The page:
Backing Russia Is Costing China In Europe
May 30, 2023 • Foreign Policy
Last month, China's special representative for Eurasian affairs, Li Hui, visited Kyiv, Warsaw, Berlin, Paris, and Brussels with "a clear message": European governments should view Beijing as an alternative to Washington, and recognize Ukrainian territories seized by Moscow as belonging to Russia in order to quickly end the war. These overtures fit a larger pattern; for some time now, in its dealings with Europe, China has promoted the concept of "strategic autonomy" from the United States, arguing that the continent should go its own way in international affairs. For Beijing, dividing the United States and Europe makes good strategic sense, since it would weaken the Western bloc and enhance China's influence on the world stage. The concept of strategic autonomy also appeals to like-minded political elements in Europe who have long sought, albeit for very different reasons, to pull Brussels and Washington apart. Some European leaders are on board. Following his recent trip to China, French President Emmanuel Macron argued that Europe faces a "great risk" of getting "caught up in crises that are not ours, which prevents it from building its strategic autonomy." Those sentiments were, of course, promptly trumpeted by China's state media. But Macron's once mainstream views are now out of touch. Today, Europe is more united than at any time in recent memory—mostly as a result of Russia's invasion of Ukraine. Much to Beijing's chagrin, Moscow's campaign of aggression against its western neighbor has breathed new life into the NATO alliance and forged a durable consensus on the continent about the need to roll back Russia's advances and thwart its persistent imperialist impulses.
Russia's Military Is Less Than Meets The Eye
May 24, 2023 • The Hill
For many years now, officials in Moscow have extolled the virtues of Russia's "wonder weapons," military breakthroughs and technological advances (such as fifth generation fighter jets, autonomous battle tanks, and mechanized combat walkers) that they maintained were nothing short of game-changers in modern warfare. For most of that time, officials in Washington and European capitals believed them, and tempered a great many of their policies so as not to antagonize the Kremlin. But the war in Ukraine has changed all that. Nearly a year-and-a-half into Russia's "special military operation" against its western neighbor, its next-generation arms have failed to materialize in any meaningful way. While the offensive has seen Moscow field a broad range of conventional weaponry, those next-generation technologies haven't yet made a meaningful appearance. To the contrary, as the conflict has dragged on, Russia has been forced to rely more and more on foreign military supplies and old Soviet-era hardware to shore up its badly depleted forces.
New Rules In Israel's North
May 16, 2023 • Newsweek
Between mid-March and mid-April, Israel's northern frontier experienced its worst spasm of instability in over a decade-and-a-half. On March 13, an armed extremist connected to Hezbollah infiltrated the country and blew up a car at the Megiddo junction, some 50 miles south of the Israeli-Lebanese border. Three weeks later, over the Passover holiday, the Hamas terrorist group launched a salvo of 36 rockets from Lebanese territory against towns and civilian populations in the western Galilee, wounding several and damaging local infrastructure. Two days after that, rockets were launched at Israel from Syria as well. Those incidents, experts told me during a recent fact-finding trip there, are emblematic of broader strategic shifts that are now underway along Israel's northern border—changes that suggest the old "rules of the game" between Israel and Syria, as well as Israel and Lebanon, are increasingly being revised.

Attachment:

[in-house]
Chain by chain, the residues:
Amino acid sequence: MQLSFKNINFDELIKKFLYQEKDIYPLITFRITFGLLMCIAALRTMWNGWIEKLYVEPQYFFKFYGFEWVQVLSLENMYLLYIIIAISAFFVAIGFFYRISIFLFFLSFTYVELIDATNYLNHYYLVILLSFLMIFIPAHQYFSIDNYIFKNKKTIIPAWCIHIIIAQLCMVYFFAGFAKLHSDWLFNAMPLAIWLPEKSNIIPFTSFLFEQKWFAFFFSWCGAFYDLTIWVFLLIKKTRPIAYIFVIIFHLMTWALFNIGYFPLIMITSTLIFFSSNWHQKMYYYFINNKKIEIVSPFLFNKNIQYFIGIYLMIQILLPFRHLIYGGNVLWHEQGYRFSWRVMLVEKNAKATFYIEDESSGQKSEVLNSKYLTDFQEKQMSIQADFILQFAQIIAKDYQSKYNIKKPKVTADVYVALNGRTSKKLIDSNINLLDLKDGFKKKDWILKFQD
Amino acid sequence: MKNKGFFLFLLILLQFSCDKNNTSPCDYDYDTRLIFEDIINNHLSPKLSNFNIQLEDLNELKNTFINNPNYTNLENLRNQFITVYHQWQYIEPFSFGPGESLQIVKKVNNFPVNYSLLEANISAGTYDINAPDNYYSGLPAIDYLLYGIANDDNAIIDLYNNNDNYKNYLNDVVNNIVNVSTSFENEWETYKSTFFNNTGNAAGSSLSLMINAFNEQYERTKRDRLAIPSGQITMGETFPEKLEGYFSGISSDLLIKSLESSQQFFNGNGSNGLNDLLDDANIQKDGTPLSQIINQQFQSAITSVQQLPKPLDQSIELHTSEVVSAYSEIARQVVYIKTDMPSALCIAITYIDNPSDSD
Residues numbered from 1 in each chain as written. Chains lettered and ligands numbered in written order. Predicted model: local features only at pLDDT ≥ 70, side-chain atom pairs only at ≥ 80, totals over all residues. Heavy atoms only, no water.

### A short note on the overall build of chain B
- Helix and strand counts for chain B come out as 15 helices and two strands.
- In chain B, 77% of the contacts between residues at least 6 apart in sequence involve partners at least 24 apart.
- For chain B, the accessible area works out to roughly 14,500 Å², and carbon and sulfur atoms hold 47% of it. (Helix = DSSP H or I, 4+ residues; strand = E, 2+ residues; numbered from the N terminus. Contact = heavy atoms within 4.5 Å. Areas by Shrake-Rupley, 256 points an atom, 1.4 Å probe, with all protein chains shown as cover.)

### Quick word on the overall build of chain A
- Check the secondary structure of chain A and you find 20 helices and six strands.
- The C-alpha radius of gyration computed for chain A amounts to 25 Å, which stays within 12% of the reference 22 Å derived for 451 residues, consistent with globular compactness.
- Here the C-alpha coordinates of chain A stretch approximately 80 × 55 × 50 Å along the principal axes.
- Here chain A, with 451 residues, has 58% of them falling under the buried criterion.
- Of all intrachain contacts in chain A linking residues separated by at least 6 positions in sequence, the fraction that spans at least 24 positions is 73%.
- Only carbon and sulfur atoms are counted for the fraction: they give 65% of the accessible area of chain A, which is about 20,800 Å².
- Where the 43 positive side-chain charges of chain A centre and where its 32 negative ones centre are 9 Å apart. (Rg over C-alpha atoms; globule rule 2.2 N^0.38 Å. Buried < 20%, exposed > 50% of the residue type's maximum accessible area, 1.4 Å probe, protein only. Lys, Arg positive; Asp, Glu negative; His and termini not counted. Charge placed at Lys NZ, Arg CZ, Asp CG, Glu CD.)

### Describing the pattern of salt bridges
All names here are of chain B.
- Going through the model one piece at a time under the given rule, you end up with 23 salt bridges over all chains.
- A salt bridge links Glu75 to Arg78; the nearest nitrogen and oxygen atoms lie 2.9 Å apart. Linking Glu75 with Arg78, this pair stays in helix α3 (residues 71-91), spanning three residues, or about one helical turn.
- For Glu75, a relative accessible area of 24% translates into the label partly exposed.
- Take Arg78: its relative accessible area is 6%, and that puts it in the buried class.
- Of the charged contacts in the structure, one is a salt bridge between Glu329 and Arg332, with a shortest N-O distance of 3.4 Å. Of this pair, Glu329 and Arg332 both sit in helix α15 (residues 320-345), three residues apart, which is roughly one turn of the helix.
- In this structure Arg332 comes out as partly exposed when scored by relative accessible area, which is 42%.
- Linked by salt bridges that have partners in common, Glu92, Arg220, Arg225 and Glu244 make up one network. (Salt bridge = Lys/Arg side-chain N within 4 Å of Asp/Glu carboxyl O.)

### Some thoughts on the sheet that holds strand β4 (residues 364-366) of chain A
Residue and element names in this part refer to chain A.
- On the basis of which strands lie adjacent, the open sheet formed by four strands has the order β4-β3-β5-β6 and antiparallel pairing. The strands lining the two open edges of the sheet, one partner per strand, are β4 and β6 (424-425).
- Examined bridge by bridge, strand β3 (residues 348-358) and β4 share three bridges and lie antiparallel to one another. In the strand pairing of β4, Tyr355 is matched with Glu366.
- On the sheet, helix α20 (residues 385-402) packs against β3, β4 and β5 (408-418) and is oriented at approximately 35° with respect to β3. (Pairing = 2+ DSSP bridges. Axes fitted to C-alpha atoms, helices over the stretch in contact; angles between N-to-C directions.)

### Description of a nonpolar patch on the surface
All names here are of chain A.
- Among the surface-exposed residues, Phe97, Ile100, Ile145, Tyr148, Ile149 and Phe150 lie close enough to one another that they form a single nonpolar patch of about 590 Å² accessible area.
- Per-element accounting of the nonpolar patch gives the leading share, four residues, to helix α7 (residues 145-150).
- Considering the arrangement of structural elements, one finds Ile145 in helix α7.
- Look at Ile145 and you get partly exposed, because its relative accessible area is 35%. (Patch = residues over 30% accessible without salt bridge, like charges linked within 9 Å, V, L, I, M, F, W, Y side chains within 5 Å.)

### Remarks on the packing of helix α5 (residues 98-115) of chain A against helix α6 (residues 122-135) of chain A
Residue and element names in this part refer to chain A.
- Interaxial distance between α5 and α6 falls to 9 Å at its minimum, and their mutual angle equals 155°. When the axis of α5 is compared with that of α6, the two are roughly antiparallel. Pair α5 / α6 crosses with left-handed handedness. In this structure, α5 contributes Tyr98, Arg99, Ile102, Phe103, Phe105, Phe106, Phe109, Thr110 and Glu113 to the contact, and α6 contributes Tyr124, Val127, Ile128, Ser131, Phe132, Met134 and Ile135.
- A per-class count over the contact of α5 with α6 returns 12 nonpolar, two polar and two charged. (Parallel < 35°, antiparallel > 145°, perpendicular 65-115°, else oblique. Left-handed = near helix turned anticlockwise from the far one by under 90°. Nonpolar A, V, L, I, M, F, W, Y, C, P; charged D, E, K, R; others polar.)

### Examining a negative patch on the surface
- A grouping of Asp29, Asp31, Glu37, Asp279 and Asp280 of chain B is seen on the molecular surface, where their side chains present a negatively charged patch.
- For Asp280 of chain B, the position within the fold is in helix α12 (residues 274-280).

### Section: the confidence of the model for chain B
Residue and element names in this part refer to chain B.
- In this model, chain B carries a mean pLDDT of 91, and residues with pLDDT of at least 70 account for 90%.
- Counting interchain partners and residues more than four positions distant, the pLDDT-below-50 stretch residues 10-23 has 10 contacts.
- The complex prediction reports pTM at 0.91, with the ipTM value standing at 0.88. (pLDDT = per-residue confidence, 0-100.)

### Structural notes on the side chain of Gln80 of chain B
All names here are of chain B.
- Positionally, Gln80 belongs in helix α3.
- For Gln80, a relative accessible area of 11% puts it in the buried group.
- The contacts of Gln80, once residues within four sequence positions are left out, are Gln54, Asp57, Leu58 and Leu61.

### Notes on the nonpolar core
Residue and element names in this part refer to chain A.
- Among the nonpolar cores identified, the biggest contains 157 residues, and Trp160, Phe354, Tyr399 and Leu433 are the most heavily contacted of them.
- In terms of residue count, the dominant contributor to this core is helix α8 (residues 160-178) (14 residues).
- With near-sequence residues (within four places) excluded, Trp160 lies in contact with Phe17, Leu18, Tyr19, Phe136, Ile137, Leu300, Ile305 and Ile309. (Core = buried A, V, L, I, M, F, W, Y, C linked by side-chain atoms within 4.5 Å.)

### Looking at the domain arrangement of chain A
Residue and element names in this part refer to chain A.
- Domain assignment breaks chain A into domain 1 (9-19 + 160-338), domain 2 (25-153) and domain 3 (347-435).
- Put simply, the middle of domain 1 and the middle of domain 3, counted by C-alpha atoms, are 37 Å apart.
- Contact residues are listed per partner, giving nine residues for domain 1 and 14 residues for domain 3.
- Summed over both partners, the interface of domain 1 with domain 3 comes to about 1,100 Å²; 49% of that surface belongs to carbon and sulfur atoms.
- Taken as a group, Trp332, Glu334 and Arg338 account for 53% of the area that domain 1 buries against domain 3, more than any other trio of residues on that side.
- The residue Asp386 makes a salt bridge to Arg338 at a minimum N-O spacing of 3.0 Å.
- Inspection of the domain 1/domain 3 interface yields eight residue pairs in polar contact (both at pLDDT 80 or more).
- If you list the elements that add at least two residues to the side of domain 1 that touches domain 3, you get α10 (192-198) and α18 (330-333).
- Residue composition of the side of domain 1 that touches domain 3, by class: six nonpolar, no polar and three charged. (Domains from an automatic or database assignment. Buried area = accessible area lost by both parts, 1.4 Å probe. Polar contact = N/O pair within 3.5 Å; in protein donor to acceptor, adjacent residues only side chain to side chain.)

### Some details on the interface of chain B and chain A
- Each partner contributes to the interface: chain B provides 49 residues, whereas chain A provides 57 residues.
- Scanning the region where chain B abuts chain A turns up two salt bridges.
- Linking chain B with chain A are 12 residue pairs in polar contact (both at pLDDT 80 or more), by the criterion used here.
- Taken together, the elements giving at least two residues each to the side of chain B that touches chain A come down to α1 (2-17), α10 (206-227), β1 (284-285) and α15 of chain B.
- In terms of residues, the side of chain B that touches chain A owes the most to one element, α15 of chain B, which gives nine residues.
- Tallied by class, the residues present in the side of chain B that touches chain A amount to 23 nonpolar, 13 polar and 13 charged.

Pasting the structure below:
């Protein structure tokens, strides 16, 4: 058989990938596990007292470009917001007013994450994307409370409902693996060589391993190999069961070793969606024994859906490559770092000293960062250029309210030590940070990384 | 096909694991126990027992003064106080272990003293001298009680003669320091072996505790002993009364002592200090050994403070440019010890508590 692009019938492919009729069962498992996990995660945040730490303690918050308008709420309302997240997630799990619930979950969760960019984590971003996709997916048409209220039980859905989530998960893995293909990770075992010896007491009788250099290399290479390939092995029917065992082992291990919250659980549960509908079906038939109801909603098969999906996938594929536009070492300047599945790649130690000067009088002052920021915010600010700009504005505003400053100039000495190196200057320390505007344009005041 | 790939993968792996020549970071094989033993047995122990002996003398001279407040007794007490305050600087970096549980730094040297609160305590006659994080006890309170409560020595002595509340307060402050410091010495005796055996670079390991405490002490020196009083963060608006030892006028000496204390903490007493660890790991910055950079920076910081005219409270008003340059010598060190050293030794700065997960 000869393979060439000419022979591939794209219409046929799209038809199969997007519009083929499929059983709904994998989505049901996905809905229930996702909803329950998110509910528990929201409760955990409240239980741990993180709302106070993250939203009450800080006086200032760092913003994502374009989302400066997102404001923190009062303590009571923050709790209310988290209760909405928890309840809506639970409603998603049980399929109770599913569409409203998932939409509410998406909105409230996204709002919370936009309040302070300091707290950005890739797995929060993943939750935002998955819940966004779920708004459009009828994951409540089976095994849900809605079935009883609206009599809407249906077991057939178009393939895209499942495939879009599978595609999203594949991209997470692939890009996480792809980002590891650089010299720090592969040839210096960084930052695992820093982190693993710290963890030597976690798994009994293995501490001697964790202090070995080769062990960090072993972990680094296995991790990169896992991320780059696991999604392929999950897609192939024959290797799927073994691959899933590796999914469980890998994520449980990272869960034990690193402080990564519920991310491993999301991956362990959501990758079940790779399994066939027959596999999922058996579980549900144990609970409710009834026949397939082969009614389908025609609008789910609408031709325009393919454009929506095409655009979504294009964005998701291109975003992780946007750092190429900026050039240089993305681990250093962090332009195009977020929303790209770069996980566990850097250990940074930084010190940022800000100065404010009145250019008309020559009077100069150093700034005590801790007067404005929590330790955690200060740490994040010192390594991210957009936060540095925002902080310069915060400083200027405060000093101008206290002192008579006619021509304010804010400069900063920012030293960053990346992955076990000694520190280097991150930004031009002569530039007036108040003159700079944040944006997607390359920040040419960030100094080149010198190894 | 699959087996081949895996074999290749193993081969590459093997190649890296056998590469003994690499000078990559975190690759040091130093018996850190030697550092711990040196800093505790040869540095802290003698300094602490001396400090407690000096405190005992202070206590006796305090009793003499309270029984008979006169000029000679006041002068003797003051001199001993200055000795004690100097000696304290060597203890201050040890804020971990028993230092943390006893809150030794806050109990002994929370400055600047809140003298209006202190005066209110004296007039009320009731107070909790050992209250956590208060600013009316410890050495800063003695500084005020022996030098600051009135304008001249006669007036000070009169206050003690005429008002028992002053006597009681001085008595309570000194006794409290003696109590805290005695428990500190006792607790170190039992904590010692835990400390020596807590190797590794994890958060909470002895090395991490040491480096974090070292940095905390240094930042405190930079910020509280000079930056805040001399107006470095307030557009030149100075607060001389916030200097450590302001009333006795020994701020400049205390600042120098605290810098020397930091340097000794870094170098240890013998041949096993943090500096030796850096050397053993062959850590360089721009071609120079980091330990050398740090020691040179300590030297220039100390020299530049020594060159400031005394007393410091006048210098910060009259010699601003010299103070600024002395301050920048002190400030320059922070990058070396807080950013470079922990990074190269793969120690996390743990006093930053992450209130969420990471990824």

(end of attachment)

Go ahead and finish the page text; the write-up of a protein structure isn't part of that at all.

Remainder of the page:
Making Sense Of Israel's Judicial Reform Crisis
May 10, 2023 • AFPC Insights
For months now, Israel's politics have been roiled by an acrimonious internal debate over a series of judicial reforms proposed by its new government. At its core, the dispute hinges on an effort by religious elements within the Israeli ruling coalition to "rebalance" the composition and authorities of Israel's supreme court to bring it more in line with, and make it more subservient to, the country's Executive Branch. Such a step is vehemently opposed in many quarters of Israeli society, albeit for a variety of different reasons. The resulting political crisis now engulfing the country is the most consequential in Israel's 75-year existence. The issue is both sudden and surprising. An overhaul of the judiciary did not rank as a significant priority for the current government when it took office late last year. Moreover, virtually all Israelis agree on the notion that Israel's supreme court should be reformed in some fashion. However, a distinct trust deficit between the country's political Left and Right, together with a strong undercurrent of opposition to long-serving Prime Minister Benjamin "Bibi" Netanyahu, have made the question of how, precisely, the Israeli supreme court should be adapted into a political lightning rod that has brought hundreds of thousands of Israelis into the streets on a weekly basis since the reforms were first floated in January 2023.
Israel's Deepening Iran Dilemma
May 8, 2023 • The Washington Times
The Islamic Republic of Iran has long represented the most significant strategic challenge facing Israel. Today, despite years of persistent focus, as well as a range of covert initiatives to erode Iranian military and technological capabilities, that threat has grown significantly more acute. As a result, the Jewish state is fast approaching a critical juncture in its Iran policy. As I heard on a recent fact-finding trip to the country, two things are drawing this fateful moment closer.
Books by Ilan Berman
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